Happy Easter, friends!
I considered taking today off from writing a post; however, an issue concerning digital literacy occurred in my classroom this week that needed to be addressed. There are two ways that I process things, by talking and by writing. In fact, today on the Two Writing Teachers call for Slices, there is this quote, “Writing floats on a sea of talk.” Britton. This weekend my sea of talk was with my father and with my Voxer writing group. Both helped me think in a deeper and more logical way about what happened.
My students use Kidblogs daily. They have since the first day of school. As a teacher of multi-grade gifted students, blogging is the way I encourage individuality and independence. One of the many advantages is that students can continue to work on their writing projects outside of class and when I am not at school. Last week I had an inservice, so I wasn’t at school. When I checked the blogs, I discovered that one student had “hacked” another student’s blog and wrote a post about it. I know she was just being playful, but I took it seriously. I commented to this student personally and removed the post. I also had a conversation with the whole class about trust.
When we read posts, we assume that the person who owns the blog wrote the post. I explained that I get an email whenever there is any activity on our Kidblog. I am watching, but more importantly, hacking is wrong. It breaks our trust and messes with the community we have built.
Another more serious incident occurred. As I have mentioned, I teach different grade levels, so my students have social lives with their grade level peers that our class is not a part of. There is safety in our community to talk about and write about things outside of our class. One student wrote a post about a conflict she was having with friends. Fairly typical sixth grade social issue; however, a 5th grader decided to take the matter into her own hands. She printed the post and gave it to one of the sixth grade girls. This post made the rounds all the way to the assistant principal. Not the intended audience of the original post.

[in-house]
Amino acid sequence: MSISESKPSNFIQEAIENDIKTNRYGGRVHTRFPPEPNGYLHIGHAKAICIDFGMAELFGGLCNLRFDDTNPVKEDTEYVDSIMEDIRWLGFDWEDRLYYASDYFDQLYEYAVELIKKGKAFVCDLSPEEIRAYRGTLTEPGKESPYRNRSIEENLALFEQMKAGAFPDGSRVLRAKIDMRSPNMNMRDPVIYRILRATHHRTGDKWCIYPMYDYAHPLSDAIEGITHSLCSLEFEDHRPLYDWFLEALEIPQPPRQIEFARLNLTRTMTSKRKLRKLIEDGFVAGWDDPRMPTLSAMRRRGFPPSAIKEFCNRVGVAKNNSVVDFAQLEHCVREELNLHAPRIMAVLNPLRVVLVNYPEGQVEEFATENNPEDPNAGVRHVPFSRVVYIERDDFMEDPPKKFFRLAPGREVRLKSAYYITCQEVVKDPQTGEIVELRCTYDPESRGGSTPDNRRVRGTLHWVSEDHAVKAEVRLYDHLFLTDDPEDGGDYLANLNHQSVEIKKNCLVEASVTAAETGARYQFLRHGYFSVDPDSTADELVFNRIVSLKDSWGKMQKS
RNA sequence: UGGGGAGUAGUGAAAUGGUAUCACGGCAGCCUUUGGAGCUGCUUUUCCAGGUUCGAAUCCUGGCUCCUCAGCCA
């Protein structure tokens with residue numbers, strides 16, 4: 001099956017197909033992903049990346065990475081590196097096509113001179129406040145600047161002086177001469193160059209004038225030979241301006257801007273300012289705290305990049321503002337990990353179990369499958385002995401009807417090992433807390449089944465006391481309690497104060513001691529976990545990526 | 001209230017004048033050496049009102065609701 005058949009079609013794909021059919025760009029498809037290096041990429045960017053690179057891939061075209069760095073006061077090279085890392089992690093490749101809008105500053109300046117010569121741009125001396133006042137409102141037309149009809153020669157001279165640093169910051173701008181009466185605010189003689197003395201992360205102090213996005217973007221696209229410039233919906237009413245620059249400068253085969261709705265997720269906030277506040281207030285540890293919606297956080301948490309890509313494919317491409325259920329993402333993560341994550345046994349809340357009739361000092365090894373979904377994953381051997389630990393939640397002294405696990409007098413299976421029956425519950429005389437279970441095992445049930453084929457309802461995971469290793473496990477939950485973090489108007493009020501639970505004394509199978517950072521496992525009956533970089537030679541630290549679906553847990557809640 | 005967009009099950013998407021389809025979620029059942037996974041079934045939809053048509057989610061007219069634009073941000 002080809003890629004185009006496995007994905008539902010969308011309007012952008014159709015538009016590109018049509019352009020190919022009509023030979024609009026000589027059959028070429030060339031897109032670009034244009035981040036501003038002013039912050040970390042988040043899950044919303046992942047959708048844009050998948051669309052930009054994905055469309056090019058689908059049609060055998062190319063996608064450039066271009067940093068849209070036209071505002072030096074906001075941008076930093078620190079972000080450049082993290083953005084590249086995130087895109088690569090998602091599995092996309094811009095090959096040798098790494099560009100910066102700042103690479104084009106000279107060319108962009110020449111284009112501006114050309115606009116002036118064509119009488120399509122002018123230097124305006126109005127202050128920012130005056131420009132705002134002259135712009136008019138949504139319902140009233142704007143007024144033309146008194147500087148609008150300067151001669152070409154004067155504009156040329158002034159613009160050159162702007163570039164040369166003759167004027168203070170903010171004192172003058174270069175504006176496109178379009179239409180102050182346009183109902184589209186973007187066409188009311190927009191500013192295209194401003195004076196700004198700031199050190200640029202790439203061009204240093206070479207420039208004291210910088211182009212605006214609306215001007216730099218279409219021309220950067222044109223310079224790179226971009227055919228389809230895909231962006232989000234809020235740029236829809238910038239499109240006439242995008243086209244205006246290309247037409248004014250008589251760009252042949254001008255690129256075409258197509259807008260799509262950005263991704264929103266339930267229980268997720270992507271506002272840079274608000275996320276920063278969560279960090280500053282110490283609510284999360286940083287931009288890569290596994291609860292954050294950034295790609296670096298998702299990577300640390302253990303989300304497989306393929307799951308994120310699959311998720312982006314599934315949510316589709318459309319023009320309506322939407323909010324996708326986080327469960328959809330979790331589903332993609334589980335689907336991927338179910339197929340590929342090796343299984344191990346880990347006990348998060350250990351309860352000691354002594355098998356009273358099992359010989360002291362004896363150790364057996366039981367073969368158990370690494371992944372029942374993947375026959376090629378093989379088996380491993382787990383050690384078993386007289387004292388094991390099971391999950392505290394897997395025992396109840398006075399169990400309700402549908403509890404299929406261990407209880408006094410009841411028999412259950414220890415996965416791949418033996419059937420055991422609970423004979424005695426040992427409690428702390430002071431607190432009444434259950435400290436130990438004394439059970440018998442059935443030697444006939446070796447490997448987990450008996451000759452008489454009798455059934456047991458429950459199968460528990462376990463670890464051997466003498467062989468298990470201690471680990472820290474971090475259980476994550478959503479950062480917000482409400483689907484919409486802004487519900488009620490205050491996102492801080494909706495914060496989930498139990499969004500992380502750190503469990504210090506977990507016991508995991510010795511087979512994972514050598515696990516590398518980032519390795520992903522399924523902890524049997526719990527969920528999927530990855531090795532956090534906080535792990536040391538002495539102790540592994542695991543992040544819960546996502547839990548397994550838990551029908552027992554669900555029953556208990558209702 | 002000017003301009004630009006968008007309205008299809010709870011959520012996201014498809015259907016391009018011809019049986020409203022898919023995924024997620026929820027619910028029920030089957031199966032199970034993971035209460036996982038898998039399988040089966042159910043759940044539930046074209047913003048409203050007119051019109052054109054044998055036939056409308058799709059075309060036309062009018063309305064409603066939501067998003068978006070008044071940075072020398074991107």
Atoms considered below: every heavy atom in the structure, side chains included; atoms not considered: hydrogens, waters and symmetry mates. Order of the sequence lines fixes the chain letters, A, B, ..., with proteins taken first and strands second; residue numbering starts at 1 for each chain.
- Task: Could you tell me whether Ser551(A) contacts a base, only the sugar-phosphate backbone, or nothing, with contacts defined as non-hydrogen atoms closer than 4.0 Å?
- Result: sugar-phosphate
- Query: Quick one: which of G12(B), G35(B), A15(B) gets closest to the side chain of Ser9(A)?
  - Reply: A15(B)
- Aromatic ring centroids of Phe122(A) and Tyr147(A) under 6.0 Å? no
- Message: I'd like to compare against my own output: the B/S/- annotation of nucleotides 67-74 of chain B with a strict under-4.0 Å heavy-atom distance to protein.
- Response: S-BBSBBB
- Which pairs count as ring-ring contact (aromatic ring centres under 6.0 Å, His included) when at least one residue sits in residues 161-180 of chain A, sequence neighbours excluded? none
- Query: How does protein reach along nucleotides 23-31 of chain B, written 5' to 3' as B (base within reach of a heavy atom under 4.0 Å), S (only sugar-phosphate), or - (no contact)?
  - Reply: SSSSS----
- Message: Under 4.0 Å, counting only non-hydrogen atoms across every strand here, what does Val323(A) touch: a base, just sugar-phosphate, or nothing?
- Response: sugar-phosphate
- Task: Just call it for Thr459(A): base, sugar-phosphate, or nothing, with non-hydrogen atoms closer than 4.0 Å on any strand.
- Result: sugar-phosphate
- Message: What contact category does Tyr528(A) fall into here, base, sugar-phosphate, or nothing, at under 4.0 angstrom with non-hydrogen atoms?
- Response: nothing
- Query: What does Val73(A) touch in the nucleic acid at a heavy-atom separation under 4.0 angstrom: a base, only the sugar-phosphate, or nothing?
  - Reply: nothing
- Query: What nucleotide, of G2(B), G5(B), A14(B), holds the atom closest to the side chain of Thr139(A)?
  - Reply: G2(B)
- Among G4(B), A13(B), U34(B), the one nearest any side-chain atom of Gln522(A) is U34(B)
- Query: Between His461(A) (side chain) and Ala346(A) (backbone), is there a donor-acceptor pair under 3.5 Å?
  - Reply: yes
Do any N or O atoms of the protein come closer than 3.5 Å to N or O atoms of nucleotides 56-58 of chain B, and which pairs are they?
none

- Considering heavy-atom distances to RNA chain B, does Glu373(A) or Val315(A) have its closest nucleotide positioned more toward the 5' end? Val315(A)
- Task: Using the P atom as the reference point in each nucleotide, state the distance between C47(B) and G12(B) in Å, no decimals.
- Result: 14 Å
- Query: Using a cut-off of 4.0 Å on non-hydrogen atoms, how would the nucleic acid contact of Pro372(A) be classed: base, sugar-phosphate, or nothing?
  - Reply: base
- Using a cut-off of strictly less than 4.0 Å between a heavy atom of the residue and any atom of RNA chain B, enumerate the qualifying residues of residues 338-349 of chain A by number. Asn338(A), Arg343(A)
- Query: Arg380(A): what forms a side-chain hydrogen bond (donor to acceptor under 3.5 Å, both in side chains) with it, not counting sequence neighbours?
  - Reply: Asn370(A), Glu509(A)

When we write on a blog, the world can take our work and use it for any purpose, whether or not it is our intent. This is the reality of digital writing. This reality hit home this week. No real harm was done, but trust was compromised. Our classroom community was broken.
My father (wise as he is) pointed out that my students were able to fail in the safety of my care. Making mistakes is part of the learning process. Breaking trust is part of life. We will all do it at some point. What better way for my students to learn the dangers of digital writing than in the safe environment of school and class blogging?
I could make new rules: no hacking, no printing, but rules will not keep kids form being kids. My friend Julianne talked about the reins of control, how we let them go and then tighten them up. Push and pull. This digital world is amazing and wild and wonderful. We need to be able to fail and pick up the pieces, move on, and be wiser.
Trust is a powerful word. Trust is fragile. Trust is difficult to build and easy to shatter. Luckily, my students were not harmed by their breaches of trust, and they learned an important lesson. These are not the kinds of lessons teachers can design or plan on. My first reaction was disappointment. How could they do this? In reflection and conversation, I realize that all will be well as my little ones maneuver their way through this digital world.
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